There seems to be a disconnect between the CFOs who are able to access and take action upon the majority of key operational, financial and economic data with immediate effect, versus those who are only able to do that with a handful of that same kind of data.
This disconnect may derive from a misapprehension among the more traditionalist CFOs. “Of course investment banks, private equity firms, and born-digital enterprises have robust analytics capabilities!” they may say. “Bespoke, proprietary tools, algorithms and models are central to their business model.”
And they’re not wrong. But what they fail to understand is the extent to which their more strategic colleagues in industries other than investment banking are embracing cloud capabilities particularly to rely on the advanced, custom analytics engines and toolsets available in that cloud environment — because advanced analytics capabilities are now available for every company in every industry.
Roadblocks to bigger and better data
Like other corporate functions working to modernize their operations, many finance departments’ transition into advanced analytics maturity is often hamstrung by inconsistent data standards or silos of data across the wider organization. Further — and from what I’ve seen, far more frequently than their CMO colleagues, for example — CFOs have often been slow to take advantage of the kinds of ecosystem data or the collections of universal data that could provide a more accurate picture on a range of operational and financial issues.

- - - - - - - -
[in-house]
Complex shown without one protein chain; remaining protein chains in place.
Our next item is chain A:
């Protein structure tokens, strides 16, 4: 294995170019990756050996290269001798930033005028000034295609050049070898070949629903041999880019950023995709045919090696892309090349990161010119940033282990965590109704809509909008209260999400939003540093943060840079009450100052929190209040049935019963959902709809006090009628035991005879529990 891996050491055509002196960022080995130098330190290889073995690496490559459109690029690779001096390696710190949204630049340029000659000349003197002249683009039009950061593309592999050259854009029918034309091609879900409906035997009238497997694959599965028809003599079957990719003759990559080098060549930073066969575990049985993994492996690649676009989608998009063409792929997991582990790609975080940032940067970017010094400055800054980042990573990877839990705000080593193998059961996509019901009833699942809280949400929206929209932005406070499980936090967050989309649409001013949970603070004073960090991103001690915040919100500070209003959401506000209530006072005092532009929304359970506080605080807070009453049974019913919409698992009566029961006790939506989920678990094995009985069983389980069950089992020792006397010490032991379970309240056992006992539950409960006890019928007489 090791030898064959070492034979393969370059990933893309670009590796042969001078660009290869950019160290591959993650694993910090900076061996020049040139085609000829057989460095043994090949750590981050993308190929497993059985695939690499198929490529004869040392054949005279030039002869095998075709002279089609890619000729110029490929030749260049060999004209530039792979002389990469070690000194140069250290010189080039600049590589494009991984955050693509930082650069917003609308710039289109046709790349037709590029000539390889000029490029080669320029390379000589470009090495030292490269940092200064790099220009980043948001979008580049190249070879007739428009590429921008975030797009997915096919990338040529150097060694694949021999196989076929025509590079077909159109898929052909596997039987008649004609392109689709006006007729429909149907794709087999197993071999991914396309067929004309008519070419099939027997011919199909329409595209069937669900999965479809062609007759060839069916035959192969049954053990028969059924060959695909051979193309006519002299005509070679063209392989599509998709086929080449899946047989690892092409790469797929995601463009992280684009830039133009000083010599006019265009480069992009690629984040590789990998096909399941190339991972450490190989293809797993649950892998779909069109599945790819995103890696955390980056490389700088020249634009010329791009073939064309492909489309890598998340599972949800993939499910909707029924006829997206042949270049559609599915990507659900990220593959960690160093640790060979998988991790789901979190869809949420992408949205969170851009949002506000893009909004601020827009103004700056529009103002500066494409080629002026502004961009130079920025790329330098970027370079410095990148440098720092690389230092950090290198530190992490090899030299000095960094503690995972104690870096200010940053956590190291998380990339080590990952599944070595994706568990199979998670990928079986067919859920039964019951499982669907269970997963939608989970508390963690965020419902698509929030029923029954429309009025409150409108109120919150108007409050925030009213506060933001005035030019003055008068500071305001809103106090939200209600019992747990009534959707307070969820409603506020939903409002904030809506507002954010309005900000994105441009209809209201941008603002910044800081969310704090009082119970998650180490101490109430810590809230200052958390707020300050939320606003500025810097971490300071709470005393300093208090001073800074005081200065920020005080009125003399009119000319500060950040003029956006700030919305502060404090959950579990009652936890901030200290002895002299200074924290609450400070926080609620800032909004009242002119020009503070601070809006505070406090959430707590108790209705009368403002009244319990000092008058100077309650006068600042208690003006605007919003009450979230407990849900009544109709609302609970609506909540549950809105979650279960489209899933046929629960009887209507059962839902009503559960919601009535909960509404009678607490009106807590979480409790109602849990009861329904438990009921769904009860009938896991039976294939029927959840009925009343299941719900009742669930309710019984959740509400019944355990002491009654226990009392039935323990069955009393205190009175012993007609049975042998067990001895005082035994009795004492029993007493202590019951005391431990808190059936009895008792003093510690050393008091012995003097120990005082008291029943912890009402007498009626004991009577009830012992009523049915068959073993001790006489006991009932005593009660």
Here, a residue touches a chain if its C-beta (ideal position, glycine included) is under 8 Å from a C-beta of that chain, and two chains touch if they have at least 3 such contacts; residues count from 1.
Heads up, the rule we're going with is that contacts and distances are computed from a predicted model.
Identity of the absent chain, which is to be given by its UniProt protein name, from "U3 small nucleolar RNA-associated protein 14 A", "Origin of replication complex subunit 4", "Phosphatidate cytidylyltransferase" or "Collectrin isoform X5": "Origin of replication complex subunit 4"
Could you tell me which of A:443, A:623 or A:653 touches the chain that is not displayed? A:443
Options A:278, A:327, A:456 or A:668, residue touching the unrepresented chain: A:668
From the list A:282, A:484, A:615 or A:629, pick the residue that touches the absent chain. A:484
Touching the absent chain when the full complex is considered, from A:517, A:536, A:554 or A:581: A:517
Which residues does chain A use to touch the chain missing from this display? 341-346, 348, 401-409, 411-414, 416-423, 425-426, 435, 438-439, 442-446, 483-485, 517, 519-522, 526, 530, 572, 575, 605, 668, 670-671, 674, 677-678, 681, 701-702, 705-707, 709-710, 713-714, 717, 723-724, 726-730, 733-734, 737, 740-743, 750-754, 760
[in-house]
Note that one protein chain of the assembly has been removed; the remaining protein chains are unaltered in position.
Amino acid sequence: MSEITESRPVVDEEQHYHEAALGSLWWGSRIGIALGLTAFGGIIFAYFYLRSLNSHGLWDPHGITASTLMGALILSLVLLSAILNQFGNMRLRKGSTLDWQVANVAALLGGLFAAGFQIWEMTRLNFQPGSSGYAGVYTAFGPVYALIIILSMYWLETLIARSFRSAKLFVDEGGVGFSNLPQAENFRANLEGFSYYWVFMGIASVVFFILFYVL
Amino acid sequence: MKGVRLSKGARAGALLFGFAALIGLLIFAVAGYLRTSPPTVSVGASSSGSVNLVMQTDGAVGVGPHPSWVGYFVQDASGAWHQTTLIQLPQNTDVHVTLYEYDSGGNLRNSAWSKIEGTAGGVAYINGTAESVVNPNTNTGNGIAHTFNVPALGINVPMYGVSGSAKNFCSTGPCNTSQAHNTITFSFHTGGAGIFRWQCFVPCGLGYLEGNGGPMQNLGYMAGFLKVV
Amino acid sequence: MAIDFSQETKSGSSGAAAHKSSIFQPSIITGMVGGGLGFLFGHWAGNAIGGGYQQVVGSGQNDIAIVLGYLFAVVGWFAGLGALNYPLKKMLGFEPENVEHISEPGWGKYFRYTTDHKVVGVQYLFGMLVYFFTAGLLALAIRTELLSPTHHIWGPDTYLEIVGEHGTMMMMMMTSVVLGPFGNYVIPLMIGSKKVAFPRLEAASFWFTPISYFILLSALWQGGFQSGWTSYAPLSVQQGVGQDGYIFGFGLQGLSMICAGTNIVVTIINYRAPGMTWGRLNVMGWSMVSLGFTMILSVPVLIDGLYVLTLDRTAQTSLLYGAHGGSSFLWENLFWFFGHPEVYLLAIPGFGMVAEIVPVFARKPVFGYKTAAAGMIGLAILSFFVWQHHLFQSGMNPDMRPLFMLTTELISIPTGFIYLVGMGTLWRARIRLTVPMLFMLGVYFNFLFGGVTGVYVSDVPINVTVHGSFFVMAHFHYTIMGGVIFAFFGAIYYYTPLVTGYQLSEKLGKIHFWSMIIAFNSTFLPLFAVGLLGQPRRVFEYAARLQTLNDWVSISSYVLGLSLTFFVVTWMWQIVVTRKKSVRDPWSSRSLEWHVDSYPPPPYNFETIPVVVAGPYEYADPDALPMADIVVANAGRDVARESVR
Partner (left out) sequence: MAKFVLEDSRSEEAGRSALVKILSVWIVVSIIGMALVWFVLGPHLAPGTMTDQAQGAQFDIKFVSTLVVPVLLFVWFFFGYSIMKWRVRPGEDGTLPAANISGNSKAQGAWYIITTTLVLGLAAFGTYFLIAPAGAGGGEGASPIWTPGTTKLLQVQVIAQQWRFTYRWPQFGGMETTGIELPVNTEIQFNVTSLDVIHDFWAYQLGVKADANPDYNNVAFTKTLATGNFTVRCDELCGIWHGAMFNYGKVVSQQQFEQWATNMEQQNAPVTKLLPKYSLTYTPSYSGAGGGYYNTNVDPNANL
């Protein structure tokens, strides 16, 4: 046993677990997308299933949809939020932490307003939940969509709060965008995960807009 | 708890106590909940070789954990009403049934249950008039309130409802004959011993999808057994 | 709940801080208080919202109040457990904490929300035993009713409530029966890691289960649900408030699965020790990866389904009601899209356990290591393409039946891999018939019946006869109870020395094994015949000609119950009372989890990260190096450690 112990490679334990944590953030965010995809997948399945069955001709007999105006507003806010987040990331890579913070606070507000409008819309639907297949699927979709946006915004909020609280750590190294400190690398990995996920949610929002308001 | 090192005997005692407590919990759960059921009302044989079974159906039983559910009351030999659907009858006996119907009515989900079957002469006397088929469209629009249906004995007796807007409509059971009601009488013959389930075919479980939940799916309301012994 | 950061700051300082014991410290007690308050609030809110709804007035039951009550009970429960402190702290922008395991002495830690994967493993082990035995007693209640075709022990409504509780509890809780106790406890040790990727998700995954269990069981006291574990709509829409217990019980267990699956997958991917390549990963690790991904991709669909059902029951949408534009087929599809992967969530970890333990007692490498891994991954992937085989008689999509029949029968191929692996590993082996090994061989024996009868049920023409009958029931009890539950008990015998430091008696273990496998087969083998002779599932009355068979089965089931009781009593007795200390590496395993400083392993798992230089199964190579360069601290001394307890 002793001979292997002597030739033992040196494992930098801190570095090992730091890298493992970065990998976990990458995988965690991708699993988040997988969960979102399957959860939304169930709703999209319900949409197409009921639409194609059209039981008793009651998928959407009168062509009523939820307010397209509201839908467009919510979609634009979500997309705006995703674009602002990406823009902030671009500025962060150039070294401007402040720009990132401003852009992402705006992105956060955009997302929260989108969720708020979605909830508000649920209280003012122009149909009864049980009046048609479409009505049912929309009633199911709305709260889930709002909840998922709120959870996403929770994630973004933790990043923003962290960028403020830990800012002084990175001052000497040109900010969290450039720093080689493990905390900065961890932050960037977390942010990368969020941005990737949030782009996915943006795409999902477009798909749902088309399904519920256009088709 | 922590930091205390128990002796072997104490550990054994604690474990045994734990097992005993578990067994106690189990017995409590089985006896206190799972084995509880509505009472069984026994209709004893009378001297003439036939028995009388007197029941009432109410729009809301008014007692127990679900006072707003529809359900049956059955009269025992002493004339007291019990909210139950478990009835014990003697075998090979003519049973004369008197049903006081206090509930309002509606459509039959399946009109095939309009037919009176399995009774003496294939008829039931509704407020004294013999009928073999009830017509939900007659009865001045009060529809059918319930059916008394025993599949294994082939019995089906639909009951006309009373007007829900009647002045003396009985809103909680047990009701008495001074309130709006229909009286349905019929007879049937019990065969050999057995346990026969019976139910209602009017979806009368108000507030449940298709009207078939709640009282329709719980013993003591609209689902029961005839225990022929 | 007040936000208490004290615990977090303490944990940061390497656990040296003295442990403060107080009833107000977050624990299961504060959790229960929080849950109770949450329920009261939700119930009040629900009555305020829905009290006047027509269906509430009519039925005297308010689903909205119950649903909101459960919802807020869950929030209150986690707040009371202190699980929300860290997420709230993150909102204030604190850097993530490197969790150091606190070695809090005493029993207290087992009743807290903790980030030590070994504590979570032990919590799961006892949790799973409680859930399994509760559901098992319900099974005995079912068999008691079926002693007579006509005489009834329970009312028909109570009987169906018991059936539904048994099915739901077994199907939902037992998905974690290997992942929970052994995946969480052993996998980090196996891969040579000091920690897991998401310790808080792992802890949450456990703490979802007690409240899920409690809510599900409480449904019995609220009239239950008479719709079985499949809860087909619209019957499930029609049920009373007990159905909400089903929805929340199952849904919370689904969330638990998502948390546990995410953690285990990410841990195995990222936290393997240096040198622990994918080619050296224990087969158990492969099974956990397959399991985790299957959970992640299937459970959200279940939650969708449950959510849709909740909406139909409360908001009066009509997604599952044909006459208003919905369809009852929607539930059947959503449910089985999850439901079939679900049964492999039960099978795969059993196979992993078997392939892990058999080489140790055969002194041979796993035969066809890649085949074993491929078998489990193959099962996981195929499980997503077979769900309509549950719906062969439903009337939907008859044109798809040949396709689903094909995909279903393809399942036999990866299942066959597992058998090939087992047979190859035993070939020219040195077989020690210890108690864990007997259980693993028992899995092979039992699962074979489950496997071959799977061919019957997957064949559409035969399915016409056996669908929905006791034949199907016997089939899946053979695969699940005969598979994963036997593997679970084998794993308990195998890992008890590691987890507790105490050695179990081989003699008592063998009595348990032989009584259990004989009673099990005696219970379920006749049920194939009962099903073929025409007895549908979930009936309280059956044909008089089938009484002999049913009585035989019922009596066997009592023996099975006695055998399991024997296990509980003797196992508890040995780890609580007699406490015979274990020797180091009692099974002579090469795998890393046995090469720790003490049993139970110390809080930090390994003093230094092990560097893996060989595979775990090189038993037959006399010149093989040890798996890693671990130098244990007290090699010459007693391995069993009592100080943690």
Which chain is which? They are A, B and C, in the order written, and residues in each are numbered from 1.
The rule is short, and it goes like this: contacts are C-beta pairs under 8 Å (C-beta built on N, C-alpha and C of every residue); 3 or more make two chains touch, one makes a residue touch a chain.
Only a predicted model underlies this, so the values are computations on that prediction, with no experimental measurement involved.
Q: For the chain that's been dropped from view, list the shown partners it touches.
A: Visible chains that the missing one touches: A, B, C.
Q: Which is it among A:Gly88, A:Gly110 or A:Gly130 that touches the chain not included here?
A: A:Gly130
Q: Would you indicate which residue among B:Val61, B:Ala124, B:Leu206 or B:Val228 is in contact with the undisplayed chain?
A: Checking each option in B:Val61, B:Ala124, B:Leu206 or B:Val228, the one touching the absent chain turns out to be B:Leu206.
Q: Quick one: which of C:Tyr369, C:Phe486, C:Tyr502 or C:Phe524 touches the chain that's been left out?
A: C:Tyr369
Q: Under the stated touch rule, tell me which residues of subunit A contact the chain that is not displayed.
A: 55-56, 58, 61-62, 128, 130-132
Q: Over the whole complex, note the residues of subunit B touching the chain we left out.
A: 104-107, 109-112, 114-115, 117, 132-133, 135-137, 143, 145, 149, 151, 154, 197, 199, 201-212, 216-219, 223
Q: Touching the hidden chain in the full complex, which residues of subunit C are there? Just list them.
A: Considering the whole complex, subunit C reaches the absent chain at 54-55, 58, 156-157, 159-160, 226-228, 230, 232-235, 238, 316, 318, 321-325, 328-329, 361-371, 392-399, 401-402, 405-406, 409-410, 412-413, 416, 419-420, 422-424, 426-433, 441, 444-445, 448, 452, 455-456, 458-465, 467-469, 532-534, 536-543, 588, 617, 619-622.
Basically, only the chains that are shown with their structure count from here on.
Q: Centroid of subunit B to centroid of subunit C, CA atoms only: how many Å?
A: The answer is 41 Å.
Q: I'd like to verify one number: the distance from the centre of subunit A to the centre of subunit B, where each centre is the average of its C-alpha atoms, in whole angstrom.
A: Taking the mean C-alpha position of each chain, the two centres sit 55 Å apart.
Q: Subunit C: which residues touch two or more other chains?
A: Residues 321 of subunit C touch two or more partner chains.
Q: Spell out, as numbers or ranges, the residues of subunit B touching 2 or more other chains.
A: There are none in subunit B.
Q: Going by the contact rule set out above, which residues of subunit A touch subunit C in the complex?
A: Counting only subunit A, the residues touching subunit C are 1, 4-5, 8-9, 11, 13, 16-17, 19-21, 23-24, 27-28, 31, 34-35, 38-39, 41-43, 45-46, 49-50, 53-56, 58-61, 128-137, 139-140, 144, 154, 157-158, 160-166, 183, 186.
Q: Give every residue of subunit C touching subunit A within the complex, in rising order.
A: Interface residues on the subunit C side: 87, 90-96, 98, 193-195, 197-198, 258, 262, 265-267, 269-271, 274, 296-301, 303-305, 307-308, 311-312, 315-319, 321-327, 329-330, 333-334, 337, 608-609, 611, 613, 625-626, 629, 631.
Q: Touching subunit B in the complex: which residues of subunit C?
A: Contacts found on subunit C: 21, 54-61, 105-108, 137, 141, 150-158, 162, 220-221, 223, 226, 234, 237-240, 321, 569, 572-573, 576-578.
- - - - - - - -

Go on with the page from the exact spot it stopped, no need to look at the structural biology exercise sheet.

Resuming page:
For example, the growing use of online markets dedicated to B2B transactions, alongside or even wholly independent of the better-known B2C e-commerce and online media environments, has created a growing pool of financial and sales data from these new business ecosystems. Similarly, many corporate operations and even startup strategies are being built around the hundreds (soon to be thousands) of publicly available datasets through Google Cloud’s BigQuery platform4 —such as the several genomic databases5 or the U.S. National Oceanic and Atmospheric Administration’s environmental data, to name just two examples.